Article Summary #4: African American Mothers' Socialization Beliefs and Goals with Young Children: Themes of History, Education, and Collective Independence

Suizzo, M. A., Robinson, C., & Pahlke, E.  (2008).  African American mothers’ socialization beliefs and goals with young children: Themes of history, education, and collective independence.  Journal of Family Issues, 29, 287 – 316.

The goal of the study was to identify and describe cultural models of child rearing with 3 to 6-year-old children.  This research focused on middle-class suburban mothers.  Many African American parents believe that education is the only way their children will have opportunities in a world that could be racist toward them.  Communicating the importance of education is an important socialization goal.  A semistructured interview was developed for the study.  Questions included: mothers’ relationship with child, mothers’ own upbringing and family background, child’s experiences with racial discrimination and mothers’ racial socialization beliefs and practices, and the mothers’ long-term goals and values for her child. 

Three themes were identified: teaching children about African Americans’ history and their ancestors’ struggle, promoting educational achievement as a means to overcome barriers of racism, and promoting individual autonomy while maintaining close family relationships.  Mothers talked about teaching their children that African Americans have a unique history that non-Blacks do not share, may not understand, and may misinterpret.  Teaching this history was used to also prepare them for future discrimination.  Nine out of the 12 mothers explicitly mentioned wanting to transmit the values of pride to their children and incorporating it into their interactions.  Mothers did not mention the brutality of Jim Crow or slavery because they did not seem to be ready or willing to tell this side of the story, but they chose to highlight the positives.  Mothers of younger children seemed less likely to have taught their children about African American history.  Mothers used several strategies to communicate what it means to be African American (Kwanzaa, Juneteenth).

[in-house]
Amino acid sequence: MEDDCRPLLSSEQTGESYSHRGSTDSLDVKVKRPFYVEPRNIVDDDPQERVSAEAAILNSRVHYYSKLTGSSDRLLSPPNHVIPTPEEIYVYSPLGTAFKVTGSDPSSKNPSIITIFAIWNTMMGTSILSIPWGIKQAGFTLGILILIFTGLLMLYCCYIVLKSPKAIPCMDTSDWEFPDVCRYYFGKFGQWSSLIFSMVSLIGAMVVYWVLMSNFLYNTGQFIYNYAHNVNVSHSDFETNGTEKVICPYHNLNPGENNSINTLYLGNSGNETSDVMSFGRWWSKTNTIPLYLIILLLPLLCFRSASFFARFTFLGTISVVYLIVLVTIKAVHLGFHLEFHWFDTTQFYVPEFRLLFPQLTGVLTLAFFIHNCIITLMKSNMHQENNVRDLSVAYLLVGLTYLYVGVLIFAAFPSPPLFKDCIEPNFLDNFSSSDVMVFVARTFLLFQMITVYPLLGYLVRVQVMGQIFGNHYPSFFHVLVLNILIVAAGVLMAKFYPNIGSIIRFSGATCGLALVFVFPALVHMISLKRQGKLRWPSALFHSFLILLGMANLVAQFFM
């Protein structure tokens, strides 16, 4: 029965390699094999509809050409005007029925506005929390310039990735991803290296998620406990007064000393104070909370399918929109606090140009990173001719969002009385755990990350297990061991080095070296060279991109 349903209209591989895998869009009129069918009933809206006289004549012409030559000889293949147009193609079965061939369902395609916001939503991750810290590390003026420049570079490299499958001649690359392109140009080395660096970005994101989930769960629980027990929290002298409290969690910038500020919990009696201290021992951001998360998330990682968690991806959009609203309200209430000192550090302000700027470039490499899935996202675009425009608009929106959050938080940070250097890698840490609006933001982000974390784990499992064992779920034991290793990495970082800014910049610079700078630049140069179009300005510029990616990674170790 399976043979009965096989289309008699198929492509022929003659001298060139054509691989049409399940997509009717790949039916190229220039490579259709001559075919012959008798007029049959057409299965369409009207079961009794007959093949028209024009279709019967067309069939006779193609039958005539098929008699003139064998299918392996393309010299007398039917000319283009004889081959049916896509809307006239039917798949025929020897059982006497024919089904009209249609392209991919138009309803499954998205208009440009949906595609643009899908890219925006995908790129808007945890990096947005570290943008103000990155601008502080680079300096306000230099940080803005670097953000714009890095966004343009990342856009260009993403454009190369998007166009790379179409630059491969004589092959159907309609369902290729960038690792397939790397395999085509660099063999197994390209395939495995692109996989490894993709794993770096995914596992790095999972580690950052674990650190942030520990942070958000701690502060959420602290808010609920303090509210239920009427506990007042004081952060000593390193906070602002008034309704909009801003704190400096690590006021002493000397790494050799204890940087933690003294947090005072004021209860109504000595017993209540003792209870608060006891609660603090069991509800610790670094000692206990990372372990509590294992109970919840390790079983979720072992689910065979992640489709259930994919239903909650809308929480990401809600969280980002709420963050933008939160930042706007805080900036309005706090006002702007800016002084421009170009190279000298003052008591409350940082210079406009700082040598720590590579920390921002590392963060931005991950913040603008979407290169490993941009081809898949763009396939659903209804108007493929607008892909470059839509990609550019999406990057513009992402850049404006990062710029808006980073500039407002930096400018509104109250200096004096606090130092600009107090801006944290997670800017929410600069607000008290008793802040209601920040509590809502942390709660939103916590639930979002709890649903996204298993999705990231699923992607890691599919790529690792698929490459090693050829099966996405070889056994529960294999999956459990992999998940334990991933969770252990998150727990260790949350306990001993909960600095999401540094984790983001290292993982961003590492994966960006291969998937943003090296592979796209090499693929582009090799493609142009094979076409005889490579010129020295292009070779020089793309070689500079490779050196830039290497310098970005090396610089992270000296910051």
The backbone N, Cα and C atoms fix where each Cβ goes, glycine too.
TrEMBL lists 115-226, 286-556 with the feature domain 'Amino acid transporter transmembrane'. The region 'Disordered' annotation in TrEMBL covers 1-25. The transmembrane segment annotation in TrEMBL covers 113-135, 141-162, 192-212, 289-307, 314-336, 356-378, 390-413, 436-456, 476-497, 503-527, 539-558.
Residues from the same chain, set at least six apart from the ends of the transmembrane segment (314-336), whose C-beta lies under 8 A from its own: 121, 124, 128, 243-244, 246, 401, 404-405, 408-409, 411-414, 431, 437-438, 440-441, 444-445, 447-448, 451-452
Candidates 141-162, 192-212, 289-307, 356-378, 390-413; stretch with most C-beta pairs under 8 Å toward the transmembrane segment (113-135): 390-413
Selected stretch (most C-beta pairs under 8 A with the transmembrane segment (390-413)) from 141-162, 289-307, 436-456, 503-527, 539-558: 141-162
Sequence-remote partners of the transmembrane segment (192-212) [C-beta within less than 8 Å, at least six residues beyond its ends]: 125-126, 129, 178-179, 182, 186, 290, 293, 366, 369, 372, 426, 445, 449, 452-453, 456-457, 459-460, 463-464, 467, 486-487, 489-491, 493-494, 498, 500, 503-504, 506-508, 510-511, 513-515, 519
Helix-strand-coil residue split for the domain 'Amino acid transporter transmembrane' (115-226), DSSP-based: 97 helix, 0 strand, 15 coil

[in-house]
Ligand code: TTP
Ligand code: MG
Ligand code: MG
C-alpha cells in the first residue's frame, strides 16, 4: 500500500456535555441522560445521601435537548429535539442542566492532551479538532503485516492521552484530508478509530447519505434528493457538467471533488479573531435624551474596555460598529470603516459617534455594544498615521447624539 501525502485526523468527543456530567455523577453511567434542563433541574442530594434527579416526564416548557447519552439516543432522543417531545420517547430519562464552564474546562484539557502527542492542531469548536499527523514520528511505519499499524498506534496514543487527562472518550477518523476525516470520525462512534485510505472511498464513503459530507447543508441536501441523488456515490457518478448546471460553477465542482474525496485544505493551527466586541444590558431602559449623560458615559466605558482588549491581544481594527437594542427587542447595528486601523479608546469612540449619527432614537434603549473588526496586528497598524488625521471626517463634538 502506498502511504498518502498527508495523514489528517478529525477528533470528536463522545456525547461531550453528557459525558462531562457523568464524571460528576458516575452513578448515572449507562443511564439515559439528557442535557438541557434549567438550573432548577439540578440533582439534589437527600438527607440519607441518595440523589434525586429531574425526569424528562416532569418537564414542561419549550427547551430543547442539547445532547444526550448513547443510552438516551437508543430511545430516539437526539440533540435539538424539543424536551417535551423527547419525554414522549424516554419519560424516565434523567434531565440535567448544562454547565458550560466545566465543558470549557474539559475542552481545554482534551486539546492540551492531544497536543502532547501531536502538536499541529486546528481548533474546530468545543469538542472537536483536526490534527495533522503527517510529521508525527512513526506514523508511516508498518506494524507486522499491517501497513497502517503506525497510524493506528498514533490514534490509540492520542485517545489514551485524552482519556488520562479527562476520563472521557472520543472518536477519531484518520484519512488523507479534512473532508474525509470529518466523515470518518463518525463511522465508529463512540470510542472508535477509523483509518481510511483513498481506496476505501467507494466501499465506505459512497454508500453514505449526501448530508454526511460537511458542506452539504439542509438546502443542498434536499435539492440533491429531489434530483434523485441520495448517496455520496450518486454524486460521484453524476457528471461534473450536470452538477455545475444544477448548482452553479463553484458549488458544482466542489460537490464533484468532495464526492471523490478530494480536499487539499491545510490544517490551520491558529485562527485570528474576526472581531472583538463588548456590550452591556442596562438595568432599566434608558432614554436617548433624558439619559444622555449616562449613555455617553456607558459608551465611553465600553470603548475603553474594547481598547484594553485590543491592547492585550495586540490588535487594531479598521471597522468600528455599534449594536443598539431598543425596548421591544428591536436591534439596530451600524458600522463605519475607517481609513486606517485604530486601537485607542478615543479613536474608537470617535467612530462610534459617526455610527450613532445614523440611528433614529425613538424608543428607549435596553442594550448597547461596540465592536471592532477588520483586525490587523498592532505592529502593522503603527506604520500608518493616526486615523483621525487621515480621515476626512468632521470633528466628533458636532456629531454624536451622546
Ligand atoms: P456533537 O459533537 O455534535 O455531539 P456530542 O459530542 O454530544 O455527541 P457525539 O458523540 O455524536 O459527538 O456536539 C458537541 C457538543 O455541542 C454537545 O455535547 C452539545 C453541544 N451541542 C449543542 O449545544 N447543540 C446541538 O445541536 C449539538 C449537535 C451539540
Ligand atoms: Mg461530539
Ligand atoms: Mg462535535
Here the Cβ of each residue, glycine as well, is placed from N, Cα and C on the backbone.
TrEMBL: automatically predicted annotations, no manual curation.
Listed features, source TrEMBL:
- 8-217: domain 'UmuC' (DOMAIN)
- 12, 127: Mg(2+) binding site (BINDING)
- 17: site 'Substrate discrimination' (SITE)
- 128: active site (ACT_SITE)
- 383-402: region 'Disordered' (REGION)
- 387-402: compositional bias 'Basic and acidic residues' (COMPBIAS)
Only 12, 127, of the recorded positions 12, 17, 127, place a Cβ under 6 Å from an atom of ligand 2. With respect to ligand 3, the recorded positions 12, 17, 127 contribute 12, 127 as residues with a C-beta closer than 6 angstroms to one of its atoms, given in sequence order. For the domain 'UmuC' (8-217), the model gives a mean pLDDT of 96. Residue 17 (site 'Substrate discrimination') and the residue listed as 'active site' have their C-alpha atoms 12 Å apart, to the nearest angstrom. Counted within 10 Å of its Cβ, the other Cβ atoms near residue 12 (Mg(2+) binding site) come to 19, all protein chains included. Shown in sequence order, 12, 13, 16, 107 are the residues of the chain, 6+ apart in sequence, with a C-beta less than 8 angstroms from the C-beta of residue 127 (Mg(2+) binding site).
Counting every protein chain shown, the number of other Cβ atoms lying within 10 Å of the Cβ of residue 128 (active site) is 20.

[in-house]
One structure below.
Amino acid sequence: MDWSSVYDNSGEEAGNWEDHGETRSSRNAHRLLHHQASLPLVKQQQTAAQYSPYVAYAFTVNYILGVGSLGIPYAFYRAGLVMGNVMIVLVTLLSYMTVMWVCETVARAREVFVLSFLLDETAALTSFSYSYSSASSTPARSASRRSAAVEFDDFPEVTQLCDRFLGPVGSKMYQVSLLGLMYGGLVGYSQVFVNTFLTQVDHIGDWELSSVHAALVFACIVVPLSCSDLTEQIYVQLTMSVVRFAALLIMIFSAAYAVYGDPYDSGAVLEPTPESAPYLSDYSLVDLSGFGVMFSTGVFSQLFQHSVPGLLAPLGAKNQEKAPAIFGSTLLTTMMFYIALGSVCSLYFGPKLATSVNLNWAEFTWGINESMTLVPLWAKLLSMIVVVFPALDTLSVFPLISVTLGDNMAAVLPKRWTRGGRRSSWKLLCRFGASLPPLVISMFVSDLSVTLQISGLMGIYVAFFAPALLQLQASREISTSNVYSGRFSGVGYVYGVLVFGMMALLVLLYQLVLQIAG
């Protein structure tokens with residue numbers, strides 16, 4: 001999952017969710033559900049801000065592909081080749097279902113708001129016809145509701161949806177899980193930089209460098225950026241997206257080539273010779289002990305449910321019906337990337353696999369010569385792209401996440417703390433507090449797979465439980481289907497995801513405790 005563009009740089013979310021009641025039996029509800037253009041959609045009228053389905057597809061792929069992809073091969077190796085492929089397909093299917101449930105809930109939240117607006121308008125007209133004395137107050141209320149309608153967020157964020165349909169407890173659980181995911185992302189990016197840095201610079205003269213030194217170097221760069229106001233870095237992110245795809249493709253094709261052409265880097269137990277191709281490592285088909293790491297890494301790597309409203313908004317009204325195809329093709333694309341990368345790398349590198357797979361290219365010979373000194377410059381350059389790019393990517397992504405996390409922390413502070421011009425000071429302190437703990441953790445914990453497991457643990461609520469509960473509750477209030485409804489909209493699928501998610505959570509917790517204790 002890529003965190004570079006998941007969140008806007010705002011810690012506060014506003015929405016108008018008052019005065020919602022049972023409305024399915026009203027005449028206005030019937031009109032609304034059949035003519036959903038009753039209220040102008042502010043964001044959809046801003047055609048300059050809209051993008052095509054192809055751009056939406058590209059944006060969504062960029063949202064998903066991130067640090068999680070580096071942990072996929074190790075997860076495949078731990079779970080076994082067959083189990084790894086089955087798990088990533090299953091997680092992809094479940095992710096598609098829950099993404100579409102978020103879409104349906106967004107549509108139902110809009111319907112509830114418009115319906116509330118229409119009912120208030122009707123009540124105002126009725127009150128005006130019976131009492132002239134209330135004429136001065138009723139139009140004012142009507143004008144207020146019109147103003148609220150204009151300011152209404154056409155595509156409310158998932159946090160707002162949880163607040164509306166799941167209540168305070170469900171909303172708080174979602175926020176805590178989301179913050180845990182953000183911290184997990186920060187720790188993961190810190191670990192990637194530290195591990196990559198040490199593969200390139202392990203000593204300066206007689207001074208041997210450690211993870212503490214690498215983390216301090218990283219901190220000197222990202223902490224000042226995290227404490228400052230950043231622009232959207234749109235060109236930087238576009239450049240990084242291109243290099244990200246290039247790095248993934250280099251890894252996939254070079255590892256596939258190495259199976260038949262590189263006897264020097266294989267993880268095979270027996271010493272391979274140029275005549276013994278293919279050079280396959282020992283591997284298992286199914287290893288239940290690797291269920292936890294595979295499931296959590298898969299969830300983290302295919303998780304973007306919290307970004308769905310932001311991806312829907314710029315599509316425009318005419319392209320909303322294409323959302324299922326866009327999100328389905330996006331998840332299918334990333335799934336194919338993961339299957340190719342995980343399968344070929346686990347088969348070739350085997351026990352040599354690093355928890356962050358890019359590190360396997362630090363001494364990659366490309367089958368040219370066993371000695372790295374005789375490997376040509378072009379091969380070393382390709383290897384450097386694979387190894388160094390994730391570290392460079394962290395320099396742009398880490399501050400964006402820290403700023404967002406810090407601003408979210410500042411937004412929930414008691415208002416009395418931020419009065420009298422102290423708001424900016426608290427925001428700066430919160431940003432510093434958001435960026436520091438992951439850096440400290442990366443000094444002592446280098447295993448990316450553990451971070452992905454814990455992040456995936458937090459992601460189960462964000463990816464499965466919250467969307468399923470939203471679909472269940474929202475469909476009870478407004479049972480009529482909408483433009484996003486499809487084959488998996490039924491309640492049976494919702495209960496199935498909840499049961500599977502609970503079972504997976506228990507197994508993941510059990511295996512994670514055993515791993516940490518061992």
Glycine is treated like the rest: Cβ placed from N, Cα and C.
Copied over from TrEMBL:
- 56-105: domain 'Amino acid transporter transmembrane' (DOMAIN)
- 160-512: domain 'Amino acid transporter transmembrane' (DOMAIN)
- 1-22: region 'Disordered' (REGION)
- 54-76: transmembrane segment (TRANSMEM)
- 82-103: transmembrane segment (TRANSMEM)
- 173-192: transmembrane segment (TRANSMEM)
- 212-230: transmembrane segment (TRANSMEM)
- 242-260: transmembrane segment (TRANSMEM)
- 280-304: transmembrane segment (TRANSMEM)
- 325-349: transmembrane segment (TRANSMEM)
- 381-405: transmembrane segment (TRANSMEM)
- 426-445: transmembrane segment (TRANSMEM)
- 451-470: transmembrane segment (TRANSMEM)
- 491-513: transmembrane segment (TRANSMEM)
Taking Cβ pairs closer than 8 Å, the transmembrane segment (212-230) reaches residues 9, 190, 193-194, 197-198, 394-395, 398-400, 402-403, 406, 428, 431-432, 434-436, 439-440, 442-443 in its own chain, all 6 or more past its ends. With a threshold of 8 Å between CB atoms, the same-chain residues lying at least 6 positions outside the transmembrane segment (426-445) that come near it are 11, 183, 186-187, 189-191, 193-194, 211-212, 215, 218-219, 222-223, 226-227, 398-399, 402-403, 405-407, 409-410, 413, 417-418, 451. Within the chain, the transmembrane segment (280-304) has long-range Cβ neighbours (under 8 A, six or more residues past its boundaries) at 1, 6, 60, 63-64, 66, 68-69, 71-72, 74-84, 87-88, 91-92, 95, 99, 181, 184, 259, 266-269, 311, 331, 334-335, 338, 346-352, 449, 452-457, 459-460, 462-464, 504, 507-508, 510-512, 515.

Education was the most frequently mentioned long-term goal.  Many felt that it was important for them to be actively involved in their children’s learning and education.  They also expressed the need for their children to learn African American history in school.  There was also mention of racism being a potential barrier to their children receiving a good education and their educational attainment; they described several ways in which they saw racism manifested in education.  Educational achievement was explicitly connected to the practice of racial socialization.